Over and over, you hum a melody, trying to identify the song. You sing it to a friend, but either he doesn't know it, or he can't make out your tuneless drone. Until recently, you were out of luck. But now, a new website called Midomi.com can hunt down a tune for you when you hum or sing it into your computer's microphone. And it will even automatically correct for your mistakes, says Keyvan Mohajer, CEO of Melodis, the maker of Midomi.
I wonder if one can play a song off the radio into the microphone and then have the search engine tell you what song you are currently listening to. That would be handy.
I see each step forward in search technology as a step toward artificial intelligence. Search is pattern recognition. Pattern recognition is a key function of cognition. Humans take a pattern and find matching patterns all the time. Ever hummed a song to someone so that they could tell you who wrote it or what the lyrics are for it? Did you think you were doing something uniquely human when you did this? Not any more.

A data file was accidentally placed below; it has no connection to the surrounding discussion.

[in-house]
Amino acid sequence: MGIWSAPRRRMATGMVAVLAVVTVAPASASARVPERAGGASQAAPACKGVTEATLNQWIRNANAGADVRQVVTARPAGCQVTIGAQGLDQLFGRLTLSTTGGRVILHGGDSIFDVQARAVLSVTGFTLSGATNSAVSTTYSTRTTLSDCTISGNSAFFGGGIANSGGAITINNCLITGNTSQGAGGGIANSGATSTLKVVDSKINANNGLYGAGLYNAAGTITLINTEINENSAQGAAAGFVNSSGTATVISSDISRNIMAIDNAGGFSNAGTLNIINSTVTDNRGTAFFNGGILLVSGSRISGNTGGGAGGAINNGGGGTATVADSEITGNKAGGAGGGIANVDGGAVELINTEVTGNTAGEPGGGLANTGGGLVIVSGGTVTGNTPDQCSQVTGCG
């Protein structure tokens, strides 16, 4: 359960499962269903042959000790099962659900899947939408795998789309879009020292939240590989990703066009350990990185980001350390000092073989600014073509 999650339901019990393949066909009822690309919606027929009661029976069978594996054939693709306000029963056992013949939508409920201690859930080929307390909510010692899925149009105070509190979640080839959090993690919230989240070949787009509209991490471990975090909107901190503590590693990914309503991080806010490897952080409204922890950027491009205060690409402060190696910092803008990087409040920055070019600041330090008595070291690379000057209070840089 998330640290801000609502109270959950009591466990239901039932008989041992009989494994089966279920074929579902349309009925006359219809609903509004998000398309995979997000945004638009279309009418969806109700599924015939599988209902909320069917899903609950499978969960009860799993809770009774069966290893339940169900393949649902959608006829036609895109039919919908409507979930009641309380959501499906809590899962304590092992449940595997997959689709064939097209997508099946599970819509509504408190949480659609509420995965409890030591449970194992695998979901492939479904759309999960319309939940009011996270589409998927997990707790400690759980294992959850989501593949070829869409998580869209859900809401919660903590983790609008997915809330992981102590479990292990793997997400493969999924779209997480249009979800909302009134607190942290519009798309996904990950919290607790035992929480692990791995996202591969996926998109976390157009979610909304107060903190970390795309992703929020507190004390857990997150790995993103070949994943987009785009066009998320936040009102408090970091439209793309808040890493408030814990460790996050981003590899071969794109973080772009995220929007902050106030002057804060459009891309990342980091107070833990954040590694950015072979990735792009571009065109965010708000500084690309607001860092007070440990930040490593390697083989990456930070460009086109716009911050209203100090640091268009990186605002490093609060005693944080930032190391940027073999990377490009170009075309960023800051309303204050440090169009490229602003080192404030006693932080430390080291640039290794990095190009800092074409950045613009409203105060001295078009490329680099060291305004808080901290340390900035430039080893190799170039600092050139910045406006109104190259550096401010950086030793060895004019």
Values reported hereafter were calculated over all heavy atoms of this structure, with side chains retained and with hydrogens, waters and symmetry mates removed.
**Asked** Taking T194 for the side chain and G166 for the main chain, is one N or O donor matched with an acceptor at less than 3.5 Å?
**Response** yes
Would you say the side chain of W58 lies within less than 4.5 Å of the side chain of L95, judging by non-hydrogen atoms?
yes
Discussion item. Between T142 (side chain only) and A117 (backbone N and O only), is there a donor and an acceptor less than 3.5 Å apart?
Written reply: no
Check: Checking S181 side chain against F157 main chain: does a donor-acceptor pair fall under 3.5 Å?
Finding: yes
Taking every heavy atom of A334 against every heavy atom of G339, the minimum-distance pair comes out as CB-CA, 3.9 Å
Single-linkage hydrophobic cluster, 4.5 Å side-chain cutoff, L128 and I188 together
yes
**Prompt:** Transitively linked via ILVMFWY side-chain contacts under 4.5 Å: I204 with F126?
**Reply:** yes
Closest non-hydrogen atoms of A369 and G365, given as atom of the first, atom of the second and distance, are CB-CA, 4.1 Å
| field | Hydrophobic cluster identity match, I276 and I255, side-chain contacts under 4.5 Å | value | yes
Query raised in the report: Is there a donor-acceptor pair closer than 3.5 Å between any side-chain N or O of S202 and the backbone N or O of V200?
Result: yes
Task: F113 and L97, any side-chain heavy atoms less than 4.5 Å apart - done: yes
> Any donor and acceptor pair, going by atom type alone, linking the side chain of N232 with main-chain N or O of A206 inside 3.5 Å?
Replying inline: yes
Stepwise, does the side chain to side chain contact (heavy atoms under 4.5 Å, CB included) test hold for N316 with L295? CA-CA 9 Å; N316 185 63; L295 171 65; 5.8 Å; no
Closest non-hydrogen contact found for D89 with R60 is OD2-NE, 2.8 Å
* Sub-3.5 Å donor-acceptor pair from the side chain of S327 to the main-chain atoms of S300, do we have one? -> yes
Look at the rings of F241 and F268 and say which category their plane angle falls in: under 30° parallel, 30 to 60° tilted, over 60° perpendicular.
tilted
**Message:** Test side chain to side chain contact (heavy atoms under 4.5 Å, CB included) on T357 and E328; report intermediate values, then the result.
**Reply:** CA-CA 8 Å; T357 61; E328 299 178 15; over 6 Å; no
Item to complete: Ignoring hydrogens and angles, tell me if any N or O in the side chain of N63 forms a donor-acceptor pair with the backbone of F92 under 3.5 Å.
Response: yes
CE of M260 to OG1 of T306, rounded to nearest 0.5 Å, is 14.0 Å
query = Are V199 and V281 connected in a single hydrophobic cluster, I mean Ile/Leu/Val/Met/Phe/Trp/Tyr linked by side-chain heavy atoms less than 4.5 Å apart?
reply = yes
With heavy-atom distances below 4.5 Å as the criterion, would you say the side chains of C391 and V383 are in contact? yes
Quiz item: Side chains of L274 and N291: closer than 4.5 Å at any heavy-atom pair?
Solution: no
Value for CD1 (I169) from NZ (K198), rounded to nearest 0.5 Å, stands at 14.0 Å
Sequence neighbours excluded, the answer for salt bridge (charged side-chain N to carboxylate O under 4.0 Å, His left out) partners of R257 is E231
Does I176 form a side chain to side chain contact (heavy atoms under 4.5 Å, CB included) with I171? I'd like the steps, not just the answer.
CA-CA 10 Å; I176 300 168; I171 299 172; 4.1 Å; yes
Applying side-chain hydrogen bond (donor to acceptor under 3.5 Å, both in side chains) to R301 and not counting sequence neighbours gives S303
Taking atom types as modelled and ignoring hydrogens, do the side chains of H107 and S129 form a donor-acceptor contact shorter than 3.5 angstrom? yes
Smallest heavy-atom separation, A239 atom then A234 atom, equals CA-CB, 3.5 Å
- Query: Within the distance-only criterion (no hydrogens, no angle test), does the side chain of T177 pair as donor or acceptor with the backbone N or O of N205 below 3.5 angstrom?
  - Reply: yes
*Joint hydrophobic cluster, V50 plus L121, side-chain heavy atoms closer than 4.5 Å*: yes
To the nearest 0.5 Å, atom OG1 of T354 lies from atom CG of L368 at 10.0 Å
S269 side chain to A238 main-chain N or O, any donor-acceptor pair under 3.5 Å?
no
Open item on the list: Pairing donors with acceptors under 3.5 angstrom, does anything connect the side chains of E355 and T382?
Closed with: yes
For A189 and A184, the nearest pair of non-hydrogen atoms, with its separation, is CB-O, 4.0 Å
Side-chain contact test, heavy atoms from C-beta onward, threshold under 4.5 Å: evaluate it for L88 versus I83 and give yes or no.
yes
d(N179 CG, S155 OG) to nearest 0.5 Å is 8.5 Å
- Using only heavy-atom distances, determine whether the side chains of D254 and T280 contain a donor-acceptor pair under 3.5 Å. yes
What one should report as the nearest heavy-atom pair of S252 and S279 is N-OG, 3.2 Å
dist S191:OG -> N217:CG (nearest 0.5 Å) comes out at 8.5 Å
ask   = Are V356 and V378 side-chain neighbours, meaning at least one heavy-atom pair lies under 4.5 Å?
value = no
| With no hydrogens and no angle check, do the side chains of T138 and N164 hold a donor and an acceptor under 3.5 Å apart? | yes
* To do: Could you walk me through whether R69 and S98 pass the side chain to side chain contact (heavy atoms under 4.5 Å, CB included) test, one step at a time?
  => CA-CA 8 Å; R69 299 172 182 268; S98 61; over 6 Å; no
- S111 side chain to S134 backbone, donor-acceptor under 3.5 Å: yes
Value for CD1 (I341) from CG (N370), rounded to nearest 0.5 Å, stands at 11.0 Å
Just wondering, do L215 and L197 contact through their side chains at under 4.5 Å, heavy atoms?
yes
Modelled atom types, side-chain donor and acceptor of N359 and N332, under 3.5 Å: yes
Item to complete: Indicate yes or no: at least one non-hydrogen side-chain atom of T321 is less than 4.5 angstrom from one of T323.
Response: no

Pattern recognition can be done by computers with text, sound, still images, and video streams. With the development of the right sort of sensor a search engine could even tell you what you are smelling or tasting. The popularity of search engines has created a huge and growing demand for better pattern recognition software using larger data sets and more kinds of data. I expect this demand and the revenue that comes from it to accelerate the development of artificial intelligence.